Date of Graduation


Document Type


Degree Name

Doctor of Philosophy in Poultry Science (PhD)

Degree Level



Poultry Science


Casey M. Owens

Committee Member

Jean-François Meullenet

Second Committee Member

Billy M. Hargis

Third Committee Member

Jason K. Apple


Biological sciences, Broiler chickens, Chicken breast fillets, Consumer acceptance, Meat quality, Proximate composition, White striping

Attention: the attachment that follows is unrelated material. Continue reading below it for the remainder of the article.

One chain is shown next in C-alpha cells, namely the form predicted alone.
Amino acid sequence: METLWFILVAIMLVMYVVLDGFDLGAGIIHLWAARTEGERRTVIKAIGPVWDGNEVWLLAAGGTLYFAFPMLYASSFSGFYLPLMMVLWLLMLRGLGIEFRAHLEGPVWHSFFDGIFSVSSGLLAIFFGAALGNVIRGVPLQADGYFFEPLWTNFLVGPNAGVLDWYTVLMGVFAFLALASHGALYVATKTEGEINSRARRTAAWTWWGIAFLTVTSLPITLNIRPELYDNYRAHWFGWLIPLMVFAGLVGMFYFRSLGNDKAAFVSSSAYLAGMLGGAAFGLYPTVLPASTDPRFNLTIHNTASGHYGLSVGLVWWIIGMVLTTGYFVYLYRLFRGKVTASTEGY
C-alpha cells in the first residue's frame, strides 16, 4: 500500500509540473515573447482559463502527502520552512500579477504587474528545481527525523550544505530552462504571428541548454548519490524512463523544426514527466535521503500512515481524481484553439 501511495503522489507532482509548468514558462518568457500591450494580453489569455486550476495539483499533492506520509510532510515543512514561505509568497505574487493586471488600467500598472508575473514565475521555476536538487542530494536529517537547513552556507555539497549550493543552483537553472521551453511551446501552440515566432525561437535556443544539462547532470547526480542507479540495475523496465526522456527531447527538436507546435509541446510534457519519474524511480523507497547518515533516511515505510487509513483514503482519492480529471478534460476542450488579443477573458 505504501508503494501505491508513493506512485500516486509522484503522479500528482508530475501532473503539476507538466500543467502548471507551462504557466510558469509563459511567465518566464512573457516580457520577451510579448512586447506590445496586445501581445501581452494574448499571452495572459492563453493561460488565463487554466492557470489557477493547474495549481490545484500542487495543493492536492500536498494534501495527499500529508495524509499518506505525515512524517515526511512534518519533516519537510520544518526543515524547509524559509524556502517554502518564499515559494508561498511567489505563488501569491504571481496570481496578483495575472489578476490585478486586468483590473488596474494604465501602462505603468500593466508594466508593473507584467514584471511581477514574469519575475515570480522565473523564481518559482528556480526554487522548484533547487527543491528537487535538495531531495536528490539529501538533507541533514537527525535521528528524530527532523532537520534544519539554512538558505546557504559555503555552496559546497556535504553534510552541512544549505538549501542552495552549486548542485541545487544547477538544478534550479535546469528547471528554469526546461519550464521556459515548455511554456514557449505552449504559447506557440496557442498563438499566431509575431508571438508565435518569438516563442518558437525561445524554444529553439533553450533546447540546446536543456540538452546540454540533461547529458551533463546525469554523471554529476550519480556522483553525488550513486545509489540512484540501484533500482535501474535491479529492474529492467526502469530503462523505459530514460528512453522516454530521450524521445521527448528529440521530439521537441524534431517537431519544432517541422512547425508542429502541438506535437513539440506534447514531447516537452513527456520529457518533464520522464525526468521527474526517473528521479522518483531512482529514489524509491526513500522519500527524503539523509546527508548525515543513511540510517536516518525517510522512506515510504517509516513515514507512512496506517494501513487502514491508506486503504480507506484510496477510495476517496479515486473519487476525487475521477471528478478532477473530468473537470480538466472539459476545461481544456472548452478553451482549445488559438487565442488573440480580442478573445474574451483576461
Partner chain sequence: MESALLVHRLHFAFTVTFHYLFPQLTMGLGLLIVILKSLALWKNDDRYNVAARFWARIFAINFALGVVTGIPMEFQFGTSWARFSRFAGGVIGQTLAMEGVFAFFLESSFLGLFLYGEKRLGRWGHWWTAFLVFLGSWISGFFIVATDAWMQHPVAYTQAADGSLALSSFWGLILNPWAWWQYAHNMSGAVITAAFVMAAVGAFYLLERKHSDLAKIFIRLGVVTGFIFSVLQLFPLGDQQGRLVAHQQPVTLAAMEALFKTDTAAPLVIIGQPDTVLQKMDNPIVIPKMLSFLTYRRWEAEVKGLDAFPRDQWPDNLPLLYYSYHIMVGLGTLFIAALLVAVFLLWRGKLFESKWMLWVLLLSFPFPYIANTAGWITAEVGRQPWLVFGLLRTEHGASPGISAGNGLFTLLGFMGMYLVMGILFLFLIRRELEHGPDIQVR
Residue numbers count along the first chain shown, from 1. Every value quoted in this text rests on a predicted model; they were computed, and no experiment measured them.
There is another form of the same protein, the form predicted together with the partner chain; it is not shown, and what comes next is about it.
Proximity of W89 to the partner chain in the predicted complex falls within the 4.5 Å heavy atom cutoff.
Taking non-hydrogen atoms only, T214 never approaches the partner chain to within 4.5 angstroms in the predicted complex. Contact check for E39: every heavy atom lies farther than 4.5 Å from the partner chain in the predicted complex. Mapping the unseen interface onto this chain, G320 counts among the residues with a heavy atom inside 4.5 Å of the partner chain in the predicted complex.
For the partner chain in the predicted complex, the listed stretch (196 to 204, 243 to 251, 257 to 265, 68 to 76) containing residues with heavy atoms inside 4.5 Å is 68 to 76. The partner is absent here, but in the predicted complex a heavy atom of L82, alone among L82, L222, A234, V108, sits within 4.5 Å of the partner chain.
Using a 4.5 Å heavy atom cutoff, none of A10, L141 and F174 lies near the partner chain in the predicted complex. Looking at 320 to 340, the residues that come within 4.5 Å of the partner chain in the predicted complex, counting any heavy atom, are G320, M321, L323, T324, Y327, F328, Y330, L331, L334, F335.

White striping is an emerging issue in the broiler meat industry which causes concerns among the producers. The condition is characterized by the occurrence of white striations, parallel to the direction of muscle fibers, mainly in broiler breast fillets and thighs. Fillets can be categorized as NORM (normal or no striping), MOD (moderate) and SEV (severe) depending on the degree of white striping. As a result of few previous research studies on the condition, there is no information available on the impact of white striping on the consumer acceptance and various meat quality attributes. Our hypothesis was that the occurrence of the condition could be associated with tissue changes in meat and the physical appearance of the striations on the meat may affect the purchase intent of the product. The present study was intended to determine the consumer acceptance, meat quality and pathological changes associated with different degrees of white striping. The effects of growth rate, strain, gender, and dietary vitamin E level on the occurrence of condition were also evaluated. The results from the present study showed that MOD and SEV degrees of white striping reduced (P < 0.05) the consumer acceptance of the broiler breast fillets due to its marbled or fatty appearance. However, the condition did not show (P > 0.05) any effect on cooked meat quality attributes, mainly tenderness. Serologic profile and the histopathological findings indicated chronic myopathic tissue changes associated with higher degrees of white striping. These tissue changes were also manifested as increase in fat (P < 0.05) and decrease (P < 0.05) in protein contents as the degree of white striping increased from NORM to SEV. The occurrence of MOD and SEV degrees was closely associated (P < 0.05) with heavier birds or increased growth rate in broilers. Nonetheless, the incidence of the condition showed neither any strain/gender predilection nor relation to dietary vitamin E level. In conclusion, white striping is a growth associated myopathic condition seen in fast growing broiler birds which can affect the consumer acceptance and proximate composition of broiler breast fillets.